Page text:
Why Is My Period So Heavy?

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Why Is My Period So Heavy?
Lady-issues explained

By Suzanne Hall, MD, Ob/Gyn physician for GalTime.com

Heavy menstrual periods (medically termed ‘menorrhagia’) are a common gynelogical concern, and a reason many women visit their doctors. Studies show that 10-35% of women report heavy menstrual periods.  Though patients may not know the clinical definition of menorrhagia, I believe them when they report heavy periods symptoms. For some, a heavy period is classified by relative changes in flow compared to more “normal” cycles, or based on perceiving the flow to be “heavier than normal.”

Menorrhagia is clinically defined as menstrual flow lasting longer than seven days or greater than 80ml (5-6 tablespoons) blood flow. But who really knows how to measure blood flow that way? Admittedly, for both patients and physicians, blood loss is difficult to quantitate by these measures.  More relevant descriptions of heavy menstrual flow may include:

- Soaking through a pad or tampon every 1-3 hours on your heaviest days

 

- “Doubling up” on pads or tampons to prevent soiling your clothing

- Needing to change pads at night to prevent soiling clothing, bedding

 

- Heavy flow, along with passing blood clots

- Iron-deficient anemia (low red blood cell count)

 

RELATED Questions Women Are Afraid to Ask Their OB/GYNs

So why is the period so heavy? There’s not just one reason.  Of the identifiable causes for heavy menstrual flow, reasons vary based on the particular age range of the patient.  The most common causes include:

 

- Anovulation: irregular hormonal flow, resulting in abnormal menstrual flow (affects teens/menstruating women)

- Structural abnormalities: abnormal growths within the uterus, such as fibroids/polyps (more likely in menstruating/postmenopausal women)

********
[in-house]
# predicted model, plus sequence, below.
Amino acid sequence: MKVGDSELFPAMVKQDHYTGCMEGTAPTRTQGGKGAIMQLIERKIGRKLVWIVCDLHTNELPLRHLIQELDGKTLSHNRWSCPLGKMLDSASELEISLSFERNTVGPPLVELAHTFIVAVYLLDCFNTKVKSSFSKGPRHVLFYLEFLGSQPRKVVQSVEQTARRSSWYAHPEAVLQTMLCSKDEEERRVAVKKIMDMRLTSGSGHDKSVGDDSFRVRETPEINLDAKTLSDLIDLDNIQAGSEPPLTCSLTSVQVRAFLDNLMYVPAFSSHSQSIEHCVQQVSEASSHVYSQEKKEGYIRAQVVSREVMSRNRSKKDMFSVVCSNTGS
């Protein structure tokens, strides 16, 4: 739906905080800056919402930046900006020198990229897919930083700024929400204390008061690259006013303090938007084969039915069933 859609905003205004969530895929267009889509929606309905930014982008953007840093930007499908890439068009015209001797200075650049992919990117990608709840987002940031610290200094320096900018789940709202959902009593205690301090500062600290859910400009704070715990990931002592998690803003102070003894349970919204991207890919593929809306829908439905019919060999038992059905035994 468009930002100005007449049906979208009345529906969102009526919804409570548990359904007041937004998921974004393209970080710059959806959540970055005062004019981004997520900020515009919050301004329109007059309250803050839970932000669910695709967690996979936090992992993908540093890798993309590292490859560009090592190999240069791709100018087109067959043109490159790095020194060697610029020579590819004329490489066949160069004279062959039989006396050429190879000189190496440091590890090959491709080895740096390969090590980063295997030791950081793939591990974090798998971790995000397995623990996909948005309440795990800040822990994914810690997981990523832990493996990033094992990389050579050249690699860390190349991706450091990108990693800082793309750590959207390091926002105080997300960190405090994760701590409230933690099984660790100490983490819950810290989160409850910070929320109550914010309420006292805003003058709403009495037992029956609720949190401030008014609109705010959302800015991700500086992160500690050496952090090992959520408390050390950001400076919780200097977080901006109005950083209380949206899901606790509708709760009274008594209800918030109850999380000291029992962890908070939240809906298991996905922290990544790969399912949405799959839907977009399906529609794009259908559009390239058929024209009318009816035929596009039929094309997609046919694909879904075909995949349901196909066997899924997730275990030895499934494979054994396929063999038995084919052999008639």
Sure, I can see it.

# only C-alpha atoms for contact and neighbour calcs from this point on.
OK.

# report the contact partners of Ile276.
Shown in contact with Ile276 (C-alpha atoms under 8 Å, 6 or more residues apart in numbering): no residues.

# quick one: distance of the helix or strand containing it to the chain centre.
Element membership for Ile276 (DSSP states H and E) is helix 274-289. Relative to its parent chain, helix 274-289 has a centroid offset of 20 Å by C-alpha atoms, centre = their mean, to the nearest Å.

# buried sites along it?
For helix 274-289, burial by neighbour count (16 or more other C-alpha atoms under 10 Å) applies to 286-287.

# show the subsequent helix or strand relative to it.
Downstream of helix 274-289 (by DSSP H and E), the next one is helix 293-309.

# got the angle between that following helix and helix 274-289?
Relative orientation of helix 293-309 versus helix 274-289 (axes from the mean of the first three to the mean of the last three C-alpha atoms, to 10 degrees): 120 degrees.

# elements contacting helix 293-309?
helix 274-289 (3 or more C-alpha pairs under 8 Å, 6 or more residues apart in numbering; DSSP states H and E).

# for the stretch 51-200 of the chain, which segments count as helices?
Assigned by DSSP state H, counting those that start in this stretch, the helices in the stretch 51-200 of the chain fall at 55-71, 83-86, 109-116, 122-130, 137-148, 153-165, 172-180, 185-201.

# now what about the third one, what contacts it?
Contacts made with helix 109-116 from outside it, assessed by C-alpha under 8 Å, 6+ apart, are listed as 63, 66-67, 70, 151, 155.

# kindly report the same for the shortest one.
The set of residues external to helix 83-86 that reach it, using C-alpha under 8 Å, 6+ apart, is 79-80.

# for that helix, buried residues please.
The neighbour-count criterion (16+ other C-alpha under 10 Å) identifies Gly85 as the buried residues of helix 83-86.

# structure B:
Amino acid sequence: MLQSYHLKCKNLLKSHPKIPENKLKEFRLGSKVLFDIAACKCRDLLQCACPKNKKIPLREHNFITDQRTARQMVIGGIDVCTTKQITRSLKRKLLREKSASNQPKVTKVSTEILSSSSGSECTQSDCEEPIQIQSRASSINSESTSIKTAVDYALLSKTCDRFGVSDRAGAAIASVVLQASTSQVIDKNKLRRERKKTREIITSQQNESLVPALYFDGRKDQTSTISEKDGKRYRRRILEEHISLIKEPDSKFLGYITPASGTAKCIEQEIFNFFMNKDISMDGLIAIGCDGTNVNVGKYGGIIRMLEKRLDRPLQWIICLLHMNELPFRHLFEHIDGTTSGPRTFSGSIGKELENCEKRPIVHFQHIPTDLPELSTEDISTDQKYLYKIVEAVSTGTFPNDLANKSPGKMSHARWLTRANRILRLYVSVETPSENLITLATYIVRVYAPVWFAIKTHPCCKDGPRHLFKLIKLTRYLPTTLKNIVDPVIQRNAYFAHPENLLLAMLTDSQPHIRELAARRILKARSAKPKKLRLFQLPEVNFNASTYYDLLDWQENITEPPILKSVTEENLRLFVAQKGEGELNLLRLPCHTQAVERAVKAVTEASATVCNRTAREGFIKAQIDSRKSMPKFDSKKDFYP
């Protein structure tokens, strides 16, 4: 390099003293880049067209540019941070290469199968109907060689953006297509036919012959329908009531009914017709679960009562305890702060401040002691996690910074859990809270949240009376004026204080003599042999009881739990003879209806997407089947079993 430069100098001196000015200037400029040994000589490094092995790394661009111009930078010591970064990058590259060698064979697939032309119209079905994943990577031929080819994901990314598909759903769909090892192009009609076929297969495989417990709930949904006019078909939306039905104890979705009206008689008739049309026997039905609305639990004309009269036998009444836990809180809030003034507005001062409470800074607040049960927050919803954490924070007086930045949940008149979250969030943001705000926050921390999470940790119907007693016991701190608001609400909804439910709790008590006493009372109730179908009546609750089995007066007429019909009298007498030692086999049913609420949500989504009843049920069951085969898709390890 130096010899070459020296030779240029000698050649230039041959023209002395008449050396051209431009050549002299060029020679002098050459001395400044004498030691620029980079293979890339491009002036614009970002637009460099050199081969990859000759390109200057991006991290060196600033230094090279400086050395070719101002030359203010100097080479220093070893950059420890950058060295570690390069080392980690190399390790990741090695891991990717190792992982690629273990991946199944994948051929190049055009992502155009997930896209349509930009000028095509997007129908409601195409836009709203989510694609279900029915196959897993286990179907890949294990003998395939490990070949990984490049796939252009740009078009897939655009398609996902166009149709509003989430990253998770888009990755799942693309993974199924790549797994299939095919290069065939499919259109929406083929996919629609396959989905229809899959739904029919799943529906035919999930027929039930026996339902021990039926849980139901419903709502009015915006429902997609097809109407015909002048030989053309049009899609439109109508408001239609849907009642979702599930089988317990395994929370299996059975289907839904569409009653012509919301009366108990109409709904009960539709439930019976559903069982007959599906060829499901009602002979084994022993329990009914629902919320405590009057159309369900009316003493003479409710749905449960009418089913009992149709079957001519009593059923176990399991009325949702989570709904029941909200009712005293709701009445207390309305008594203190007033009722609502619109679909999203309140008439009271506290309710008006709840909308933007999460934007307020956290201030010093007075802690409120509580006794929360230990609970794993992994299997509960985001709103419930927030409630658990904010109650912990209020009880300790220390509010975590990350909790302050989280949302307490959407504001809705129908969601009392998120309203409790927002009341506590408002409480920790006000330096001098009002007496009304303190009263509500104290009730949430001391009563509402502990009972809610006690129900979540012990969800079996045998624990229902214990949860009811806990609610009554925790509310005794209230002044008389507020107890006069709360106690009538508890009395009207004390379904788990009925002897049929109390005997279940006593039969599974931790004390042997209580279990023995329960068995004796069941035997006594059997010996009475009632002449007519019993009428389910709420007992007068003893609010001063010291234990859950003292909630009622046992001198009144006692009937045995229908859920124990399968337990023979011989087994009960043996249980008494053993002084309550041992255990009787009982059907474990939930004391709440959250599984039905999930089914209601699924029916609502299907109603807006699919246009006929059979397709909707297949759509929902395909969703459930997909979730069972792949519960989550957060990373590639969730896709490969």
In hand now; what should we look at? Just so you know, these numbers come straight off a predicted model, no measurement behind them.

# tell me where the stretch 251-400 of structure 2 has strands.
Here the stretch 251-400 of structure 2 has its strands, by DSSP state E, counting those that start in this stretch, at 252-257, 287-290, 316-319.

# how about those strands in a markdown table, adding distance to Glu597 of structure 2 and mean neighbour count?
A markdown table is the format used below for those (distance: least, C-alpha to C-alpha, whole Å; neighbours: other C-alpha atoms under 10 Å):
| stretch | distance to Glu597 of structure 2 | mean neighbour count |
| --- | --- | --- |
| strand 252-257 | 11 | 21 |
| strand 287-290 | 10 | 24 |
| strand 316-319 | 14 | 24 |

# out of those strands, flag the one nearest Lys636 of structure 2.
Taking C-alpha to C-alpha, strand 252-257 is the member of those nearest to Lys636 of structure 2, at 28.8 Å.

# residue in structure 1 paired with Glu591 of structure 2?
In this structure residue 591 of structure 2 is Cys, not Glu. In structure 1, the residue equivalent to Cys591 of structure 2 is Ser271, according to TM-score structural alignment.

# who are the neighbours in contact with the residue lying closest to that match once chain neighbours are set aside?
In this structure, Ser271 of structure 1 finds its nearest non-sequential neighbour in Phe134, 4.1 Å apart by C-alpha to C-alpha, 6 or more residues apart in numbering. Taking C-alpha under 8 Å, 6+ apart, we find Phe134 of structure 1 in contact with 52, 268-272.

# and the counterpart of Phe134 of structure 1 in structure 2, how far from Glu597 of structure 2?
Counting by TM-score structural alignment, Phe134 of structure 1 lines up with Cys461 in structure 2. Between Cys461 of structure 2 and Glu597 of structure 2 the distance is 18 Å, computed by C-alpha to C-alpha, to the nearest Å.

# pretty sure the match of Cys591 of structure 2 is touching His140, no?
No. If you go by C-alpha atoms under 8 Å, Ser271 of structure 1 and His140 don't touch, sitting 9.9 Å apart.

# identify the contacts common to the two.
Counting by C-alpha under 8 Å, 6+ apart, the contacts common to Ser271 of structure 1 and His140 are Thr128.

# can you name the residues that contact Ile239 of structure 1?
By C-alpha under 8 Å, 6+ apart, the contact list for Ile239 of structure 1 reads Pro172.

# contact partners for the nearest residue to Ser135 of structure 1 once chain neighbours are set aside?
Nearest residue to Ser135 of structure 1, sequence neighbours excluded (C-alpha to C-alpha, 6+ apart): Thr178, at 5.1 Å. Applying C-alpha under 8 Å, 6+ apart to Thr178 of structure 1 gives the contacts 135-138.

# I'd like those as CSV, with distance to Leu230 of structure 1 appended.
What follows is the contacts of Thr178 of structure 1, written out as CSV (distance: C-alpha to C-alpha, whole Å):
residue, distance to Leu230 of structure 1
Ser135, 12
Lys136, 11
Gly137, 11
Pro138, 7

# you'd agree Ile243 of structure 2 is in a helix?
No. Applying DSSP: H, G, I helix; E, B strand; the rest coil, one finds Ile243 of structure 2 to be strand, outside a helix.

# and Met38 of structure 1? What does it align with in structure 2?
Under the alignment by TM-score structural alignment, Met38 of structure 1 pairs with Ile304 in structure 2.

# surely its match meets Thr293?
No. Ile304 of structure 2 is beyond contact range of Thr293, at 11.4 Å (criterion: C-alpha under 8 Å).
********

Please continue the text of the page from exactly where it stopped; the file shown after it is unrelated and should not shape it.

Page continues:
- Bleeding abnormalities: conditions which affect our body’s bleeding/blood clotting system (rare, but usually diagnosed in teen years)

When evaluating you for heavy menstrual periods, your doctor may perform a pelvic exam, as well as order blood tests and a pelvic ultrasound.  The blood tests are usually run to rule out anemia (low red blood cell count from heavy bleeding), a pregnancy test, and thyroid blood tests (occasionally thyroid disorders can contribute to menstrual changes.)  A pelvic ultrasound is done to look for anatomic changes in your uterus (fibroids, polyps). Your doctor may also recommend an endometrial biopsy (a sampling of the tissue from the lining of the uterus).

 

In discussing treatment with patients, I usually focus on these four options.

1. Watchful waiting

Some changes in our flow are temporary, and over time correct themselves.  As long as the symptoms are stable, and not worsening, a trial of watch-and-wait is an option.

This article was originally published at . Reprinted with permission.
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